Pension Payouts: Lump Sum Payout vs. Monthly Payments

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If your employer offers a pension plan, congratulations! Fewer businesses today are offering traditional pension plans to employees, instead opting for defined contribution plans like 401(k)s.

Assuming you have a pension plan, you may be given the option at some point of receiving a lump-sum financial payout or monthly payments over time. Many large businesses with pension plans are offering employees lump-sum payouts in order to limit their future pension obligations and long-term financial commitments.

The 6 Percent Rule

So which option is better — a lump-sum payout or monthly payments? The answer will depend on the details of your particular situation, but there are some general guidelines you can follow.

One guideline cited by some financial experts is referred to as the “6 percent rule.” According to this rule, if the monthly pension payment equals at least 6 percent of the lump-sum payout, taking the monthly payment may be the best option. Conversely, if the monthly payment equals less than 6 percent of the lump-sum payout, taking the lump-sum payout and investing it may be the best option.

The calculation looks like this: Monthly payment x 12/lump-sum payout

For example, let’s assume you’re offered a lifetime monthly payment of $1,000 starting when you turn 65 years old or a $160,000 lump-sum payout:

$1,000 x 12 = $12,000/$160,000 = 7.5 percent.

If you took the lump sum and invested it yourself, you’d have to earn a 7.5 percent annual return in order to generate $12,000 a year. While this is certainly possible, it’s far from a given, especially over a short- to medium-term timeframe. Therefore, taking monthly payments could be a better option.

Now let’s assume you’re offered a lifetime monthly payment of $700 starting when you turn 65 years old or a $170,000 lump-sum payout:

$700 x 12 = $8,400/$170,000 = 5 percent.

In this example, you’d only have to earn a 5 percent annual return in order to generate $8,400 a year. This is less than the 6 percent benchmark, so taking the lump-sum payout and investing it could be a better option.

Other Factors to Consider

There are other factors you should consider in addition to the 6 percent rule when deciding which pension payout option is best for you. These include the following:

  • How old you are when the monthly payments would begin compared to your age when you would receive the lump-sum payout.
  • Your anticipated lifespan. Of course, no one know exactly when they’re going to die, but your current health condition and family history can give you a clue to your longevity.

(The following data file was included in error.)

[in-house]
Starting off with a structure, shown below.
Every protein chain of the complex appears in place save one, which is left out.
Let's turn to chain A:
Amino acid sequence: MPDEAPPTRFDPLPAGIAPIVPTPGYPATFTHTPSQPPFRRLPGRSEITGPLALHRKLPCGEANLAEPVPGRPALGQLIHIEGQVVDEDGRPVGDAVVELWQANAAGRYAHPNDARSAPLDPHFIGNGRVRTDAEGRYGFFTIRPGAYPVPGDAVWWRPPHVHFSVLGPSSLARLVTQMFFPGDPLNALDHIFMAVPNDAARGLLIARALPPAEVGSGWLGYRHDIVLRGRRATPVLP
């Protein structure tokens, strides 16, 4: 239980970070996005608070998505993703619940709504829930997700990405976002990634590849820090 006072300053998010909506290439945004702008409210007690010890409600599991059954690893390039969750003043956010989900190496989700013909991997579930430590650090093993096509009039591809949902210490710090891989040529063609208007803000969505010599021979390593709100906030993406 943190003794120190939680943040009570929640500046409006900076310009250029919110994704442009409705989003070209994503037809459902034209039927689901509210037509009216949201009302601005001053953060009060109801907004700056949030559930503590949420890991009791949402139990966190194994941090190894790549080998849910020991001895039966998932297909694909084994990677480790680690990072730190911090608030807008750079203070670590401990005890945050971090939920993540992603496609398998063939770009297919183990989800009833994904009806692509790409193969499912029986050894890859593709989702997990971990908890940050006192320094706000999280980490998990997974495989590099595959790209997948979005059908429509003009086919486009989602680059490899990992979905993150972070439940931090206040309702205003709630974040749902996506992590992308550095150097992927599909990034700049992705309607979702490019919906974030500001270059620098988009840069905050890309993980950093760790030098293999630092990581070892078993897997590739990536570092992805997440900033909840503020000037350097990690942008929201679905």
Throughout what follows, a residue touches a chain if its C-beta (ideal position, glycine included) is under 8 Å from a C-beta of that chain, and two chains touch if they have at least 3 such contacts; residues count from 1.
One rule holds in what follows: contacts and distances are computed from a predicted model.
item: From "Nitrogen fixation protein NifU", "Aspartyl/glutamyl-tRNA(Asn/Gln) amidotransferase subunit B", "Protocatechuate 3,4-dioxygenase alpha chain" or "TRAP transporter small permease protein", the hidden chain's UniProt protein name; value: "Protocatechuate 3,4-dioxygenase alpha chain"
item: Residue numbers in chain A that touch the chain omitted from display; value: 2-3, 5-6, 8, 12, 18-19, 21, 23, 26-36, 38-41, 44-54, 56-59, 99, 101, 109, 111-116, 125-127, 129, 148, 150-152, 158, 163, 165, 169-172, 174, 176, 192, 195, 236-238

• Your employer’s financial stability. If you choose monthly payments, you want to be confident that your employer will be able to make these payments over the long term. Check to see if the pension plan is insured by the Pension Benefit Guarantee Corporation (PBGC).
  • The type of pension payout you choose. Your plan may offer several different types of payout options. For example, it could be based on your life only or there could be provisions for your surviving spouse. Or there could be a “period certain” option that pays your beneficiaries for a period of time even if you die soon after receiving monthly payments.
  • Your potential needs for a large sum of money or desire to leave assets to your children and heirs.

An Important Financial Decision

The decision you make about a pension plan distribution is an important one – it could have financial ramifications for many years to come and affect your ability to live comfortably in retirement. So take the time to do the math and also consider these other factors in order to make the best decision for you and your family.

Please contact us if you have more questions about taking pension plan distributions.

 


The commentary is limited to the dissemination of general information pertaining to Frontier Wealth Management, LLC's ("Frontier") investment advisory services. This information should not be used or construed as an offer to sell, a solicitation of an offer to buy or a recommendation for any security, market sector or investment strategy. There is no guarantee that the information supplied is accurate or complete. Frontier is not responsible for any errors or omissions, and provides no warranties with regards to the results obtained from the use of the information. Nothing in this document is intended to provide any legal, accounting or tax advice and Frontier does not provide such advice. This information is subject to change without notice and should not be construed as a recommendation or investment advice. You should consult an attorney, accountant or tax professional regarding your specific legal or tax situation.

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